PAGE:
Efforts are under way to develop the world’s first operational quantum computers, which will mark a literal quantum leap forward in technology.
The Australian quantum computing startup Silicon Quantum Computing revealed Friday that it has constructed the world’s first atomic-scale integrated circuit that will power a new breed of computing machines.
While that’s an impressive feat by computer scientists from down under Sydney, its development was a remarkable two years ahead of schedule.
Almost 10 years have passed since SQC announced that its Australian engineers had created the world’s first single-atom transistor.
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In an interview with Patricia Karvelas of RN Breakfast, Michelle Simmons – the lead researcher at the University of New South Wales and founder of SQC – disclosed the technology had a vast number of potential applications, including the ability to design new materials, such as new types of drugs and molecules that could help increase food supply.
Quantum computers employ transistors to encode information in the same way that conventional computers do. In contrast to conventional computers, the size of a quantum computer’s transistor is comparable to that of a single atom.

A quantum computer follows a different set of rules than a classical computer, which is the primary distinction. It is capable of operating with qubits, as opposed to the bits and bytes used by conventional computers.
Qubits are composed of atoms, photons, electrons or ions, as well as their corresponding control devices, which operate as computer memory and a processor.
Possible applications for the most recent breakthrough include the construction of lighter and more powerful batteries for electric automobiles, solar panels, pharmaceuticals, and whole new materials and fertilizers to increase agricultural yield. In general, the computer can replicate natural elements.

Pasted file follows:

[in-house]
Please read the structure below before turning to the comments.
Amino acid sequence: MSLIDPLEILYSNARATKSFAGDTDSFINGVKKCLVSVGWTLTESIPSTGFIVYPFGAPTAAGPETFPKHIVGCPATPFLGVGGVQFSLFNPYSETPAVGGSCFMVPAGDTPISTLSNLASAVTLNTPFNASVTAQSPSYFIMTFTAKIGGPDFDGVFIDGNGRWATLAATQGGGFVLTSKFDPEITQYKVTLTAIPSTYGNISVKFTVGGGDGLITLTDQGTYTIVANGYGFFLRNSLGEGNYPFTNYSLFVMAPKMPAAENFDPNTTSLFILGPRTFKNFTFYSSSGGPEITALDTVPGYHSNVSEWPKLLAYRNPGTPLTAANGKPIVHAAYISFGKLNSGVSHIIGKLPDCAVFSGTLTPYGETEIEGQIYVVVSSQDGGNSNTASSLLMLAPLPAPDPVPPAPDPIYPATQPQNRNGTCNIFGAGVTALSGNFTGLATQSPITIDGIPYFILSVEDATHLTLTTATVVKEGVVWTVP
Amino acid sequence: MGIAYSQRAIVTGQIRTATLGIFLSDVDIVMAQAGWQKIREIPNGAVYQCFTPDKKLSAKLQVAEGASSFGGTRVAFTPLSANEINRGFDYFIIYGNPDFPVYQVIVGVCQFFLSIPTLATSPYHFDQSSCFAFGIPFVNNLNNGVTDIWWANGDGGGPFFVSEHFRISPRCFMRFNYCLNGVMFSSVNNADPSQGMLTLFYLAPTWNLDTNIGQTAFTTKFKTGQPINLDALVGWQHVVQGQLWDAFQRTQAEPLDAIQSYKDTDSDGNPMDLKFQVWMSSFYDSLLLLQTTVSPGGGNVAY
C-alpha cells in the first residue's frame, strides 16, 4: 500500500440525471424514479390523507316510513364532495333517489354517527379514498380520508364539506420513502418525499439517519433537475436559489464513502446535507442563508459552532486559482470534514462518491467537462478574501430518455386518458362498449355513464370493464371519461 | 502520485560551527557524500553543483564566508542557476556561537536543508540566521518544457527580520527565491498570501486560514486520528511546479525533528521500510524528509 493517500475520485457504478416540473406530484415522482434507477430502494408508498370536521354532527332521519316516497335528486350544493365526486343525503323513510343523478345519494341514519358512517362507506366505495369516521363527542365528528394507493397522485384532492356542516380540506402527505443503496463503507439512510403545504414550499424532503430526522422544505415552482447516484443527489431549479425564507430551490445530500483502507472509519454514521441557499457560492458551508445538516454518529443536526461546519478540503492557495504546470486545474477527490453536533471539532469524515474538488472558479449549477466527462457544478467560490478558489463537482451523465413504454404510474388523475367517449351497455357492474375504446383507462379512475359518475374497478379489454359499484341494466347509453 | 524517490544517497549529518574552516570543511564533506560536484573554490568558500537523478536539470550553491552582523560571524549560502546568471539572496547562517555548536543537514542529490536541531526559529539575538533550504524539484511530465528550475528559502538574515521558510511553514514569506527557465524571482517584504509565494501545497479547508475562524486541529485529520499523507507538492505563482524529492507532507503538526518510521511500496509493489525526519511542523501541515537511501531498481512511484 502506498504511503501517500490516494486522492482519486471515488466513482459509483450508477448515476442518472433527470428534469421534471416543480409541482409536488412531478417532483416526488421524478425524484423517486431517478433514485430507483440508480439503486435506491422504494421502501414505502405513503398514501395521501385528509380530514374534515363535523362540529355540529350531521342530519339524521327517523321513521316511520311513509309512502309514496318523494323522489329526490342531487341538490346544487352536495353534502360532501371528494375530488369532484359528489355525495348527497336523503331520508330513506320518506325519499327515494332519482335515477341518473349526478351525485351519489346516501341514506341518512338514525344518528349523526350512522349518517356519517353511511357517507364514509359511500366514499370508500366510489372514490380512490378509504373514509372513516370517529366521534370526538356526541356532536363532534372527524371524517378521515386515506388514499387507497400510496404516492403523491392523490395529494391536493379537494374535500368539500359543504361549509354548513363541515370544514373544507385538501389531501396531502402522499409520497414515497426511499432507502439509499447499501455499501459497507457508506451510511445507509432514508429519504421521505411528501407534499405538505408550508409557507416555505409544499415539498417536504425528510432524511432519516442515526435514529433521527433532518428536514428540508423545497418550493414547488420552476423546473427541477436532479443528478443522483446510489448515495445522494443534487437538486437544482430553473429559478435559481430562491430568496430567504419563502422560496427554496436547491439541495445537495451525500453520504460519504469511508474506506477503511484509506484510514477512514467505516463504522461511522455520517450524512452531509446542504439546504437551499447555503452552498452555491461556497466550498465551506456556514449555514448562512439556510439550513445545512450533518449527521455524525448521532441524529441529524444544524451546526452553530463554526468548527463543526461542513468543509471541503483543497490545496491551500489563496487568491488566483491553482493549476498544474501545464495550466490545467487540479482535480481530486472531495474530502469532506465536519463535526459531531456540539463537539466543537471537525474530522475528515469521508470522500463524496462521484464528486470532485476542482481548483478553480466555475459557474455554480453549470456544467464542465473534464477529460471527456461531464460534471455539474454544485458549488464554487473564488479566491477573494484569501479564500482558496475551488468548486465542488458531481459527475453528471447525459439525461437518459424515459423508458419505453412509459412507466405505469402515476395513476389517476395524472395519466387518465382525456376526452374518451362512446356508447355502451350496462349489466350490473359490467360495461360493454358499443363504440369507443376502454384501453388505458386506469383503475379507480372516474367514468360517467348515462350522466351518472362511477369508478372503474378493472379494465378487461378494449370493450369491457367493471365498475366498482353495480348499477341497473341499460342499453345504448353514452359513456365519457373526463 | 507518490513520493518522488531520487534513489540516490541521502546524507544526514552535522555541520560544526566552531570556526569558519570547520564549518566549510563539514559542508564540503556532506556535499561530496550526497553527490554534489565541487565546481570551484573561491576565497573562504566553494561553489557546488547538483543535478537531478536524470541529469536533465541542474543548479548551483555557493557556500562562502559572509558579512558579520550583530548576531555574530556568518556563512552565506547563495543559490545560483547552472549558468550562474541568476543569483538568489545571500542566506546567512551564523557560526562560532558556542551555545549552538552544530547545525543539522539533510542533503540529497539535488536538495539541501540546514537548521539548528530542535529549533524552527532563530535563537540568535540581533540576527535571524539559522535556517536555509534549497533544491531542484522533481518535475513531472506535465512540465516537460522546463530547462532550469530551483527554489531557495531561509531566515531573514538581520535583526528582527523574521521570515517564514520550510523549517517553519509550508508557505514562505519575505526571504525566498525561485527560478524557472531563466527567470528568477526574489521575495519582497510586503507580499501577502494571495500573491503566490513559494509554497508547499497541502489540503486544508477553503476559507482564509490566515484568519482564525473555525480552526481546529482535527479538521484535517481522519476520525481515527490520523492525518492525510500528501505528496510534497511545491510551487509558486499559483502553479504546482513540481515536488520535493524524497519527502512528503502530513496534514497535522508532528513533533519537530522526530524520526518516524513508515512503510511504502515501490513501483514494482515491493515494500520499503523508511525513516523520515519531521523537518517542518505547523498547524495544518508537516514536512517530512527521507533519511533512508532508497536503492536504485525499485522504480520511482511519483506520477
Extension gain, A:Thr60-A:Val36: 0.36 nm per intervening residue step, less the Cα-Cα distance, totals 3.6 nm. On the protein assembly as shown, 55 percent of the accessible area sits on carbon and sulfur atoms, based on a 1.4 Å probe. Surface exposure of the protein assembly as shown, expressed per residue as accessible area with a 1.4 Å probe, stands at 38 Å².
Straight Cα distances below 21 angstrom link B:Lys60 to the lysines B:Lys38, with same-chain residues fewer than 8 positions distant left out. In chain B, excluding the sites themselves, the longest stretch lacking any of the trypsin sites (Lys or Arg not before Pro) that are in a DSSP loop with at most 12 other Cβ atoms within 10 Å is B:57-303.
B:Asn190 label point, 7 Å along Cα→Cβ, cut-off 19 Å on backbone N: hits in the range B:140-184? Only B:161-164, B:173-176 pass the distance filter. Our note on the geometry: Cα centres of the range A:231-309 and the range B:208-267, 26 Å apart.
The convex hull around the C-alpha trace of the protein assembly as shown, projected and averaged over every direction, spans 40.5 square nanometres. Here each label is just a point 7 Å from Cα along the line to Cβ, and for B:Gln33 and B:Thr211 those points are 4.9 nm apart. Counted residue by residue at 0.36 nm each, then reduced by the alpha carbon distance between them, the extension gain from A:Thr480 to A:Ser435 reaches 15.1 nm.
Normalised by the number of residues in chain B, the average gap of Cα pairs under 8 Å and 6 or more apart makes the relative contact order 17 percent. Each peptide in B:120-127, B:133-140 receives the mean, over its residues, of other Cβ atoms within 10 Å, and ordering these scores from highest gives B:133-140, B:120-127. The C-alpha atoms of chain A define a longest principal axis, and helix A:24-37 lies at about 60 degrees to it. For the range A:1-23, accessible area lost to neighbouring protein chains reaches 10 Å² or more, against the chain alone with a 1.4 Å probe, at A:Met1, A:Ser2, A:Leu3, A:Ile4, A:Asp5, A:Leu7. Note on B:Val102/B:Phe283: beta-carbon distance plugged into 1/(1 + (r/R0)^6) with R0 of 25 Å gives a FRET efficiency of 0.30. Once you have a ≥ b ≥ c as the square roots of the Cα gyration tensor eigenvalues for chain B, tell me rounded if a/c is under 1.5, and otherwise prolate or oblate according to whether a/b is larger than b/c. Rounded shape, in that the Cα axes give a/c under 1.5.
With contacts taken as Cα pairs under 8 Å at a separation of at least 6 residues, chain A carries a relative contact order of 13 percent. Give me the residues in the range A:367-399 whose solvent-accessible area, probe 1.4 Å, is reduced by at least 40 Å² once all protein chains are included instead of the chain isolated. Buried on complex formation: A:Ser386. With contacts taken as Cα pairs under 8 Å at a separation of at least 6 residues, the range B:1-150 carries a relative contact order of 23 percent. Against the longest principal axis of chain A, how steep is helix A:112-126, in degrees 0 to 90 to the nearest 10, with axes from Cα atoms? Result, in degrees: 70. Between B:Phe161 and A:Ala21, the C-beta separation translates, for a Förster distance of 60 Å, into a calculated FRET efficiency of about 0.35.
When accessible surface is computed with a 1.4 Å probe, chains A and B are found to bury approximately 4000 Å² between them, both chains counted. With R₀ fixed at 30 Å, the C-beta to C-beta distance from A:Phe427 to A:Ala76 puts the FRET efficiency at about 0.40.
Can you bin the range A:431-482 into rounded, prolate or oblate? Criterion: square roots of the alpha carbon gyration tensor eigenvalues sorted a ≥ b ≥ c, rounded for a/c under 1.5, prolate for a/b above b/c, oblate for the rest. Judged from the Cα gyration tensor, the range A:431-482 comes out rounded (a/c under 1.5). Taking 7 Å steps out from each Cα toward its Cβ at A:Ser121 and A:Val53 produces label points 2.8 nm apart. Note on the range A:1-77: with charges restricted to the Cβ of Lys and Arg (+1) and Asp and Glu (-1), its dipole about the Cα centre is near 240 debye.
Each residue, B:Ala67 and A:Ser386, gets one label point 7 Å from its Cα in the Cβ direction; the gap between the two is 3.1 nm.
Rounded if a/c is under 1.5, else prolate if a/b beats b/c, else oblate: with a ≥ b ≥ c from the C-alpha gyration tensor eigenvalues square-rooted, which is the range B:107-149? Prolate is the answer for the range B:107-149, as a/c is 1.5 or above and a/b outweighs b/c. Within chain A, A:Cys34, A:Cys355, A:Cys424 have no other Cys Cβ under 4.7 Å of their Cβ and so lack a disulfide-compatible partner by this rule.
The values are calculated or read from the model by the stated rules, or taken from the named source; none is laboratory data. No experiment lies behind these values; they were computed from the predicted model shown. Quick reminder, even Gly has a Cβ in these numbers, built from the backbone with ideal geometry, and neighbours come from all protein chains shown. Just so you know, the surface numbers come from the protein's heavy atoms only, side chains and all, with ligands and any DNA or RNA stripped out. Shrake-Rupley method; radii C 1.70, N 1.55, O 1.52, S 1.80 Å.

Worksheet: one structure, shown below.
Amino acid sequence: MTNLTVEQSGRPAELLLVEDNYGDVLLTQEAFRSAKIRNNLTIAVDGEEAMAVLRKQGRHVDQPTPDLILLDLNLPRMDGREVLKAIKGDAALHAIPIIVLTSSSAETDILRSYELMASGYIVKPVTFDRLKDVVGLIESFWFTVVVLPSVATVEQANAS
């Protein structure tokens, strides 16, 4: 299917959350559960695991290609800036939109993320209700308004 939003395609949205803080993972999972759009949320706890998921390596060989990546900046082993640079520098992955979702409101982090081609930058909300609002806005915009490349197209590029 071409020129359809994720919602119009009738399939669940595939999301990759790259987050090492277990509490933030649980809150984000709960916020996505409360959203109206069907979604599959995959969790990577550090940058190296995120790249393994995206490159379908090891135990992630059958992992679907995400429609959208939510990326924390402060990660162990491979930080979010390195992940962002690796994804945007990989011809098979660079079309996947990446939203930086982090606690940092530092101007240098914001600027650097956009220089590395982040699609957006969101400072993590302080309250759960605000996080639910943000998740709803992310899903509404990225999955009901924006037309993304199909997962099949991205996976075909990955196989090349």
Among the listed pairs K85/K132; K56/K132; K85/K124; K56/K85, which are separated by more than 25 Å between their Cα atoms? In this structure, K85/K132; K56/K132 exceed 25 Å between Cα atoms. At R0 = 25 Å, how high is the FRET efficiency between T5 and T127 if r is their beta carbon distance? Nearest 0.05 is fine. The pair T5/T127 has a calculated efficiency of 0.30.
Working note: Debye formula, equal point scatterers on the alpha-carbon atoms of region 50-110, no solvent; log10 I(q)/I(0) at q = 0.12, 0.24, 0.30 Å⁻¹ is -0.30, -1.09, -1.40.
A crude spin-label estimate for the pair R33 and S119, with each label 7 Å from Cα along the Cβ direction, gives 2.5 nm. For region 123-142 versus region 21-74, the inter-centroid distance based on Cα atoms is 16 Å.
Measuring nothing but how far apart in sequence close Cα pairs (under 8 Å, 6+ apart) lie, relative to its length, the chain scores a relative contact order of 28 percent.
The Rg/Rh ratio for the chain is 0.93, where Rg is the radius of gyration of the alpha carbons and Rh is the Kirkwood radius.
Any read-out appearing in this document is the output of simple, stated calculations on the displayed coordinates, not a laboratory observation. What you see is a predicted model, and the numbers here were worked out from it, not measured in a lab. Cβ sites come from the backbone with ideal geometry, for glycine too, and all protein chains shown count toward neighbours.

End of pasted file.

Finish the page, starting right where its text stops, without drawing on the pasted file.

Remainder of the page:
According to Simmons, their invention might be commercialized in around five years.
Meanwhile, the White House published last month a range of concepts aimed at maintaining the United States’ lead in the global race for quantum computing while limiting the threat posed by quantum devices that can break public-key cryptography.

Numerous scientists warn that quantum computers may be able to break the cryptographic encryption that safeguards smartphones, bank accounts, email accounts, and crypto wallets.
In October 2021, U.S. intelligence officials identified quantum computing as one of the five most significant foreign threats. The last four were artificial intelligence, autonomous systems, and biotechnology.
LocalBitcoins, a peer-to-peer Bitcoin exchange network, speculated that quantum computers could breach the encryption methods that protect Bitcoin and other cryptocurrencies.
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Freelance writing is Jet’s other cup of tea. When not on his computer, he unwinds with a cold bottle of beer and laughs with his son over cartoons. Other than that, he’s just like everybody else who wants to be happy with their life.
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